If I skip writing my Morning Pages for more than a day, my head gets cloudy.
Every morning, I like to sit down and write to myself. This simple habit makes me happier and more relaxed. And it can be as easy as writing 100 words on a napkin.
But how can such a small thing have any impact on the clarity of your mind?
What are Morning Pages?
Morning Pages are a concept from the book The Artist's Way by Julia Cameron.
There she describes it as an exercise to nurture your creativity by writing several pages of text every morning. And it has just one rule: Keep writing until you wrote a chosen number of pages. (I think she recommends three.)
But it doesn't matter what you write. You can write about writing those pages – as long as you keep writing. It could look like this:
Hey. I'm writing my morning pages. What am I thinking about? Okay. I think I'm a little nervous about the presentation today. I'm not sure why exactly. Well, it's pretty important and I think I'm feeling a bit guilty that I didn't prepare more thoroughly. But on the other hand, I did spend half a day on it yesterday so I shouldn't beat myself for it. Well, it will go one way or the other. Whatever. I also want to buy a new ... "
As you can see, it's an unfiltered flow of words that sometimes takes you to interesting insights, and sometimes just helps you to organize your thoughts.
How I use my Morning Pages
Now, it's important to say that I don't use Morning Pages to feed my creativity. Even though it sometimes has that side effect, I use it mostly to tidy up my mind.
Make it easy
For me, the original exercise evolved into something easier that better fits my needs. These days, I rarely write more than a few paragraphs. I keep it short and simple. I open the page, take a sip of hot coffee, and ask myself:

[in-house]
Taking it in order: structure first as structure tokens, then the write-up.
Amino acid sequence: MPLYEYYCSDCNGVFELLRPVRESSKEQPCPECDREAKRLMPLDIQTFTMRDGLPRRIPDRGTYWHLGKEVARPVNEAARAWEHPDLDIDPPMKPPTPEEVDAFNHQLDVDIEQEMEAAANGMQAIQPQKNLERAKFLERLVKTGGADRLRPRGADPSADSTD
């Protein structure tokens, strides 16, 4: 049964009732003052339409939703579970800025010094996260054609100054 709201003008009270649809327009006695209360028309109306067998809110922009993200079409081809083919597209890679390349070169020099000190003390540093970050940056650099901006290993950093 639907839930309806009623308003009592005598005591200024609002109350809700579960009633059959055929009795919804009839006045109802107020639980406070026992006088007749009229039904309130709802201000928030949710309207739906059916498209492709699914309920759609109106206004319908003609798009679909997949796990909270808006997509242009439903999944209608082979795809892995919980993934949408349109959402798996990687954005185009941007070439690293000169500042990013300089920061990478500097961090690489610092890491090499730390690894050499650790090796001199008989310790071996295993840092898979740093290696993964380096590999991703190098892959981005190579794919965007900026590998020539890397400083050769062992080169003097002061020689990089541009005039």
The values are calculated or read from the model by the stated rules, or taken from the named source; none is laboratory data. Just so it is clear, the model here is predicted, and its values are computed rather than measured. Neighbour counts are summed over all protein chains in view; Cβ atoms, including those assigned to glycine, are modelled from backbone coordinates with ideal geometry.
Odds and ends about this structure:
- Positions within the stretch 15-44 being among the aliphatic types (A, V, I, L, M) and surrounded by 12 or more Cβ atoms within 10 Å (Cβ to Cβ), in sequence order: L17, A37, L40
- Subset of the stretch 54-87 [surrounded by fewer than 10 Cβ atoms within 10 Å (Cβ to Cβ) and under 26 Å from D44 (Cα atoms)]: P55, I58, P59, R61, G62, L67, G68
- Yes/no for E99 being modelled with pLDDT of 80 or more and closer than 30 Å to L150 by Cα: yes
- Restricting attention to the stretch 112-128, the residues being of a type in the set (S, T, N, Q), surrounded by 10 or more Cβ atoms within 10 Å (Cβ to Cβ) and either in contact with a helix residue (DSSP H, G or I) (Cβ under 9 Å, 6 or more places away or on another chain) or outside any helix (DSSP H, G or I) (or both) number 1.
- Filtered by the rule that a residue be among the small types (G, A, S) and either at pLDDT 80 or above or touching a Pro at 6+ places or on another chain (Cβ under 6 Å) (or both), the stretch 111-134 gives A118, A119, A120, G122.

What is going on?
And something always pops up:
- Sometimes it's a little thing: Like a frustration that the N-key on my keyboard isn't working properly. So I write about it.
- Sometimes it's a bigger thing: Like a misunderstanding with a co-worker. They said something I disagreed with, I didn't say anything back, and now it's bugging me. So I write about it.
- And sometimes I bump into something huge: Like a deeper dissatisfaction with my job or relationship that lurks under everything else I do. So I write about it.
In any case, I let my thoughts flow onto the paper. I'm not trying to solve anything and I ignore style and grammar.
Morning Pages are not a performance but maintenance.
It's taking the trash bins out of your brain and dumping them onto the page. And once they're out, you'll be surprised what gems you might discover in there.
Follow curious questions
My girlfriend regularly asks me: "Will you show me your journals someday?" and I constantly tell her: "It would be the most boring thing you ever read."
That's because, most of the time, I simply write about what I need to get done that day. No drama, no story, no twists. It's a routine that helps see things clearly.
However, while I'm going through my plans, I watch how I feel about them. This is important. Because, sometimes, curious questions show up as reactions to my feelings and guide me to unexpected places.
- Why is ___ bothering me so much?
- Why am I struggling to finish ___ again?
- What if I did ___ instead?
When I follow these reactions, and I often find out that some task I "should" do doesn't make sense anymore. My subconscious knew it, and now, thanks to writing about it, I know it too.
It saves me a lot of time and energy to sit down and let my mind freely wander for a couple of minutes. This is why when I miss a day or two, I feel like am losing touch with myself.
It's the easiest most impactful thing I do every day.
Keep your pages private
There is one more reason why showing your pages to anyone would be a bad idea. It's because if you know others will see what you write, you'll write to impress. But Morning Pages can't work that way. You need uncensored honesty.
Make a pact with yourself to never show your Morning Pages to anyone.
It will enable you to write honestly. It's easier to handle naked thoughts when it's for your eyes only. Keep the pages as your private space for daily reflection.
If your mind could use a little more clarity, try writing Morning Pages.
Even though it seems like a tiny thing, writing at least 100 words to yourself every morning makes a big difference.
Open a blank page, take a sip from your beverage of choice, and ask yourself: What is going on?
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